Dealing with a C-section scar can raise many doubts among new mums. Does it hurt a lot? How can I take care of it? What precautions should I take?
If you are concerned about how a C-section scar can affect the early postpartum weeks and how to avoid any possible complications, don't miss the upcoming lines.
How do I take care of my C-section scar?
First and foremost, it's essential to take good care of the incision area, which will be covered with a big bandage to prevent the wound from bleeding. The health-care providers will check the bandage very often to make sure it isn't stained, which would imply that there's bleeding going on. They will also remove the bandage once in a while to let the C-section scar get some air, which is thought to speed the healing process.
Cleaning the wound doesn't pose problems, since it only takes for you to keep good hygiene; wash it with neutral body soap and then rinse it out with water. However, avoid rubbing the incision area when getting it dry... you need to be careful here!
What extra precautions should I take with my C-section scar?
Extra measures can be adopted to prevent C-section scars from worsening. For instance, take your time when putting on and taking off clothes, trying to minimise the contact between the fabric and the wound. In addition, avoid at all cost moving drastically... household chores can wait or, even better, Dad can be in charge of them if he isn't doing it yet! Doctors also recommend keeping a healthy and varied diet, which can provide you with necessary treatments to support the creation of healthy tissues. Don't pass up the chance to try topical creams with healing properties.
How will a C-section scar look like?
When undergoing a C-section, doctors can decide on a vertical or horizontal incision, though the latter is way more common and less noticeable later on. If you wonder how a C-section scar may look like past the healing process, you have to know that it depends; some women end up having bigger and raised C-section scars, which isn't that common, while most new mothers will keep a simple mark. However, there's a 'pattern' that can help you determine in which healing stage your wound is: first, it'll look reddish or pinkish for a few months, but step by step it should turn pale and feel flat, like a thin line.
Will my C-section scar prevent me from having a vaginal birth in the future?
If a C-section scar heals well, there shouldn't be any problems for you to have a vaginal birth in the future (VBAC). The new tissues created are generally strong enough to resist labour contractions, so it's very rare for C-section scars to tear, which is known as uterine rupture. Yet, that situation can be very dangerous for both you and your little one, because it causes a massive haemorrhage that needs to be stopped right away. Uterine ruptures are more associated with vertical incisions, and that's why these tend to be avoided.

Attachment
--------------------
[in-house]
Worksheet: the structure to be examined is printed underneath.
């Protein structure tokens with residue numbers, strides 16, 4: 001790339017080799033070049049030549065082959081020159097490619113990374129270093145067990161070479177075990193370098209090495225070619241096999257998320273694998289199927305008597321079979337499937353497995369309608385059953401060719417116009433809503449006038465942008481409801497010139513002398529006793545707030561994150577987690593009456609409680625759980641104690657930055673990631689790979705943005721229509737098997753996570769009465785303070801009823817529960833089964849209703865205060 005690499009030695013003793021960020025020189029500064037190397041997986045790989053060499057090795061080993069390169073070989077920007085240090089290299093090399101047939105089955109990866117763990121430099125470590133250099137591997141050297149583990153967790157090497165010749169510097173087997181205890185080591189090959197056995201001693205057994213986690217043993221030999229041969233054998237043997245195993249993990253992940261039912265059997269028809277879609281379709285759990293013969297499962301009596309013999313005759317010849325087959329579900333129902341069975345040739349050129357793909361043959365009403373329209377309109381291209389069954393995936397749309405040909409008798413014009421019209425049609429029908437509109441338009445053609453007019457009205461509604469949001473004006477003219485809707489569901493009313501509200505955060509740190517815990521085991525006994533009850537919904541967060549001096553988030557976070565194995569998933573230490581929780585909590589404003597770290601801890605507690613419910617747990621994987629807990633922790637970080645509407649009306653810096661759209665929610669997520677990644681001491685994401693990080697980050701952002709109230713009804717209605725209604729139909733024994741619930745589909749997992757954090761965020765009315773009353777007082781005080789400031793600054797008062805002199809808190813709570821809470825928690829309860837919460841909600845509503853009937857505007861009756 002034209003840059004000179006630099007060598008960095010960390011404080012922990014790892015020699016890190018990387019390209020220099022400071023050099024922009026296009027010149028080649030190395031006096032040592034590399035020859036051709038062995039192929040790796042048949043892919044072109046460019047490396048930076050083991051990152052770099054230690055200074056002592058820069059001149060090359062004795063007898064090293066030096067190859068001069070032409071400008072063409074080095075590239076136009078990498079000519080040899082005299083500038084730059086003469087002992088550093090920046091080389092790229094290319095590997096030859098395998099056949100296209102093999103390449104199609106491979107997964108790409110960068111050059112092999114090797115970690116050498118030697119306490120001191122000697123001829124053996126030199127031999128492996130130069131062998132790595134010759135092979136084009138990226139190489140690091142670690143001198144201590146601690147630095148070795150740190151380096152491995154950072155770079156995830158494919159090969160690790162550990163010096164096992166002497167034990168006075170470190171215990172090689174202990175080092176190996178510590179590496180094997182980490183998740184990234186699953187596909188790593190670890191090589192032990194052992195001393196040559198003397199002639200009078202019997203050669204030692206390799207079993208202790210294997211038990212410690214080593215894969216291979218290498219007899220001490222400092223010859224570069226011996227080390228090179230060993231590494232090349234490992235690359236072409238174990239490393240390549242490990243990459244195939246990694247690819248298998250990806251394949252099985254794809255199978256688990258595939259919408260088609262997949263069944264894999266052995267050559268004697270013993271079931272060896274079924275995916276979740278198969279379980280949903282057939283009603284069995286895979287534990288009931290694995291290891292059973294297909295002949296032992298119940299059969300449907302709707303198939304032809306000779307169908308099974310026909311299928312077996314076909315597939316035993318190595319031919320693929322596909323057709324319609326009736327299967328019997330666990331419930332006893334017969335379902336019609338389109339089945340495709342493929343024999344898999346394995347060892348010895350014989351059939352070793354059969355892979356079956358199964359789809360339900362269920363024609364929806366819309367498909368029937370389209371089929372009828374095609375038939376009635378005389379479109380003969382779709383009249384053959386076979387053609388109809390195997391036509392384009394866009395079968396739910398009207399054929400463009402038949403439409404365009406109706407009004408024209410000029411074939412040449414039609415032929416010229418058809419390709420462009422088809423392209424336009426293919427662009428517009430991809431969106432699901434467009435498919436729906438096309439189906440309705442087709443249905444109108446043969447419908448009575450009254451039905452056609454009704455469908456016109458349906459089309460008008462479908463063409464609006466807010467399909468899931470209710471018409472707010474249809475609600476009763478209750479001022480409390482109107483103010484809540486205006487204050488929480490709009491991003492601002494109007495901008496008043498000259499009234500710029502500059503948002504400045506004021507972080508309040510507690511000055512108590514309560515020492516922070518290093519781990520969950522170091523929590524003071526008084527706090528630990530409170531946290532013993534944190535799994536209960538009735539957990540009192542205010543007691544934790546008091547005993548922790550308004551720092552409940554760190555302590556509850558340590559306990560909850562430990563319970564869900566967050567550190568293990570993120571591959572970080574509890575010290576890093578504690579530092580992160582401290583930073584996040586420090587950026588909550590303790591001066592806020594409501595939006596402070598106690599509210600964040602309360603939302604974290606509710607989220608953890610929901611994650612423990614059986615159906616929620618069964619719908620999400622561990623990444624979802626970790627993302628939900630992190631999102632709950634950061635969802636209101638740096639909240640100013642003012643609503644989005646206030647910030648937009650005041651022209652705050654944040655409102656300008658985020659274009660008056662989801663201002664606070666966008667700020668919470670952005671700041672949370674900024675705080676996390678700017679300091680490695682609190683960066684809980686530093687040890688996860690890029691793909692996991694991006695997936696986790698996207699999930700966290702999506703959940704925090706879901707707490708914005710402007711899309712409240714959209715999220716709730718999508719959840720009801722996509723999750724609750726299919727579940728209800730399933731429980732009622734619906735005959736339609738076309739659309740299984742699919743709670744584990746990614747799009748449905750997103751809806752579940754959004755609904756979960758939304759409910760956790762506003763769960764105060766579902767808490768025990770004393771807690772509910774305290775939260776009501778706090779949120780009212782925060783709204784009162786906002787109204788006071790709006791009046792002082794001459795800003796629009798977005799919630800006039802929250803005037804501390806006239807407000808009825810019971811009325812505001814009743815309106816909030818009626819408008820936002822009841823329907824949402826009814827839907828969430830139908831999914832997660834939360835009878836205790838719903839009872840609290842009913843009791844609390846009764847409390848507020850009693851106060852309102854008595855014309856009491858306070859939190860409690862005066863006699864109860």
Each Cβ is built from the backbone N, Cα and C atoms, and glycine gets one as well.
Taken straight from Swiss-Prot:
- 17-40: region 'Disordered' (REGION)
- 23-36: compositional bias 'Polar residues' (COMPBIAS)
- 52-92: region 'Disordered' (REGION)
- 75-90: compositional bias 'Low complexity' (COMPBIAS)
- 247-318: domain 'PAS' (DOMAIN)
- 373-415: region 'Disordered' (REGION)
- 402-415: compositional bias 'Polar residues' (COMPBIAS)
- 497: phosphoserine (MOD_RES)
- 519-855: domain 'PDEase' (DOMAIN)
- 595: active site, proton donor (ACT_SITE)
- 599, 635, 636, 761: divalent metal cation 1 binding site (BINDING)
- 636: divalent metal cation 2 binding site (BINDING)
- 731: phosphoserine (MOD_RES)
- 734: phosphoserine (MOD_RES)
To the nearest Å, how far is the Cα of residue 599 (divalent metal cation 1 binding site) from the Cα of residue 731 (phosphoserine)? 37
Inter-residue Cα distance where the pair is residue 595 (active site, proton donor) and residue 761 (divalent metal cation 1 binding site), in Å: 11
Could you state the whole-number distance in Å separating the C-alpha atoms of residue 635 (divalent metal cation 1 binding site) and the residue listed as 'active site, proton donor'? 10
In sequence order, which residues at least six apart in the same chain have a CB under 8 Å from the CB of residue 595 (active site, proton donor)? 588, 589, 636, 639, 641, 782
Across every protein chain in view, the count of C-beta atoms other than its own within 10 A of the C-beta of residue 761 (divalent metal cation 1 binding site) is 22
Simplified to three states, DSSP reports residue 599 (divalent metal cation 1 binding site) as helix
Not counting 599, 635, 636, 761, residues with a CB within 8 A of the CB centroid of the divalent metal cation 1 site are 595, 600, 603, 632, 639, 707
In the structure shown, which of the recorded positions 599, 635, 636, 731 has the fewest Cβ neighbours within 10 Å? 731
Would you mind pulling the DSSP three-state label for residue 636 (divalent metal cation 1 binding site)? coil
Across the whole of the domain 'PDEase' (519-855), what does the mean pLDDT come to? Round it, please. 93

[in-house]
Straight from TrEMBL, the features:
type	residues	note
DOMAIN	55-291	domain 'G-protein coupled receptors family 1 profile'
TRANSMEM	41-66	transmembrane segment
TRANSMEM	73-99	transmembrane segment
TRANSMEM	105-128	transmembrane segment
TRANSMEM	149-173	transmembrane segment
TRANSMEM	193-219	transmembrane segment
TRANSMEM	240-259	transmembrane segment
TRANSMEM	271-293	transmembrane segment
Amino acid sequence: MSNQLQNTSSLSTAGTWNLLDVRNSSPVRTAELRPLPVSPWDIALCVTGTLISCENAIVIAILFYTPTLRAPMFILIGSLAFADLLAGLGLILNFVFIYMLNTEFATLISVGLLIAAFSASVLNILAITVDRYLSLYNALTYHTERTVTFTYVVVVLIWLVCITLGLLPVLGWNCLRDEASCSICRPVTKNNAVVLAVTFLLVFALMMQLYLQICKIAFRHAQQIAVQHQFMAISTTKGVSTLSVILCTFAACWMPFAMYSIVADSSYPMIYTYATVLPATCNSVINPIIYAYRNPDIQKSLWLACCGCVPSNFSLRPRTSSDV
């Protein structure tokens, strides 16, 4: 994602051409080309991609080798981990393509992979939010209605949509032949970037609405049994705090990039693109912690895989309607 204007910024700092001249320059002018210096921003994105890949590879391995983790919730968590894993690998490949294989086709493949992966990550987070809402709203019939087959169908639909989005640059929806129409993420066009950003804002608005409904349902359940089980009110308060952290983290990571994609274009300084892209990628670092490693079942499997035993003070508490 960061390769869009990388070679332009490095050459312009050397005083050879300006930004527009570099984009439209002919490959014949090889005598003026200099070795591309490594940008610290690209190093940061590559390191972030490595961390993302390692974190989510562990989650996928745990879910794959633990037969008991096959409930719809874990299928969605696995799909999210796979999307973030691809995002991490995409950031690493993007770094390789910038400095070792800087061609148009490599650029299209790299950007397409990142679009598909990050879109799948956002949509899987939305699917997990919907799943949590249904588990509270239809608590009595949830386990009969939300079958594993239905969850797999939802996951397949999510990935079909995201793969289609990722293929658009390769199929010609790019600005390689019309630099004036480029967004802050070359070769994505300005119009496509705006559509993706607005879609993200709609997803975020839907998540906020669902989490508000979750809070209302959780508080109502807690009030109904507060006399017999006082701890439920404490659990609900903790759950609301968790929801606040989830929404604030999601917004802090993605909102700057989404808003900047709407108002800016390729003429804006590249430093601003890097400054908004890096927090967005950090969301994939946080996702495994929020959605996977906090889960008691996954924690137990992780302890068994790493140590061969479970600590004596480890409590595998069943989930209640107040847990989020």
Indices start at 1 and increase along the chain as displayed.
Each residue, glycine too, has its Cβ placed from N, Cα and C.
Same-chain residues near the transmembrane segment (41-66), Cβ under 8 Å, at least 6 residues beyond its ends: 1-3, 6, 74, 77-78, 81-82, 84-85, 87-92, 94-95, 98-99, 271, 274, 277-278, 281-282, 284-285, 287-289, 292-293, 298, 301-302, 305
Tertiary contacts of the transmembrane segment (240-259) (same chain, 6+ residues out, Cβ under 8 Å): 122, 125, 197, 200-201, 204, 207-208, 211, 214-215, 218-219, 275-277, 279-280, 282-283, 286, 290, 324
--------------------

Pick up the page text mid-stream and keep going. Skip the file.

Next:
Just so you know, women who need a C-section are more likely to suffer from placenta previa, a pregnancy complication that needs monitoring, if they decide to have another child.
What about the scar on the uterus?
A C-section scar on the uterus can also be vertical and horizontal, though, again, the second is the most usual one, especially on the lower segment of the uterus. Don't forget to talk to your surgeon about it, above all if you are planning on having a future vaginal birth (depending on the uterine incision, that may not be an option for you anymore!).
Will the doctor use the same scar in a future C-section?
If you happen to need another C-section, doctors are likely to carry out the new incision where the scar is. This helps them have a reference and also prevents you from having a second and unnecessary C-section scar. What's more, some women who aren't happy about their previous scars take advantage of this second procedure to get them fixed.
Does it normally hurt?
It's normal to feel pain and tightness in the affected area during the first weeks after birth. If you have trouble coping with it, you can ask your doctor for a treatment, which is often based on analgesics that are safe to take while nursing. It's possible that you also suffer from extra pain when a keloid, that is, overgrowth tissue, is formed out of your C-section scar.
Is itching normal?
Absolutely! Along with pain, itchiness is a natural symptom when any scar is healing, and the C-section scar isn't an exception. Even if it itches a lot, you should control yourself and avoid scratching it, because it's not a good idea to mess with stitches and an open wound. Apart from this, keep in mind that you may be very itchy because of your pubic hair growing back (it's shaved before undergoing surgery).
It's necessary to pay attention to how C-section scars look through the healing process. If you are in severe pain and your scar is swollen and red, you should contact your GP right away, because you could be having an infection.
No woman likes the idea of having and taking care of a C-section scar. However, there are times when there's no other way to get babies out of the womb, and you just have to accept it and do your best to minimise its effects by being cautious and a little disciplined. It may take a while but, sooner or later, the pain will be gone, your skin won't feel sensitive anymore and the scar won't look nearly as bad as it used to. Besides, it’s a small price to pay for your gorgeous baby!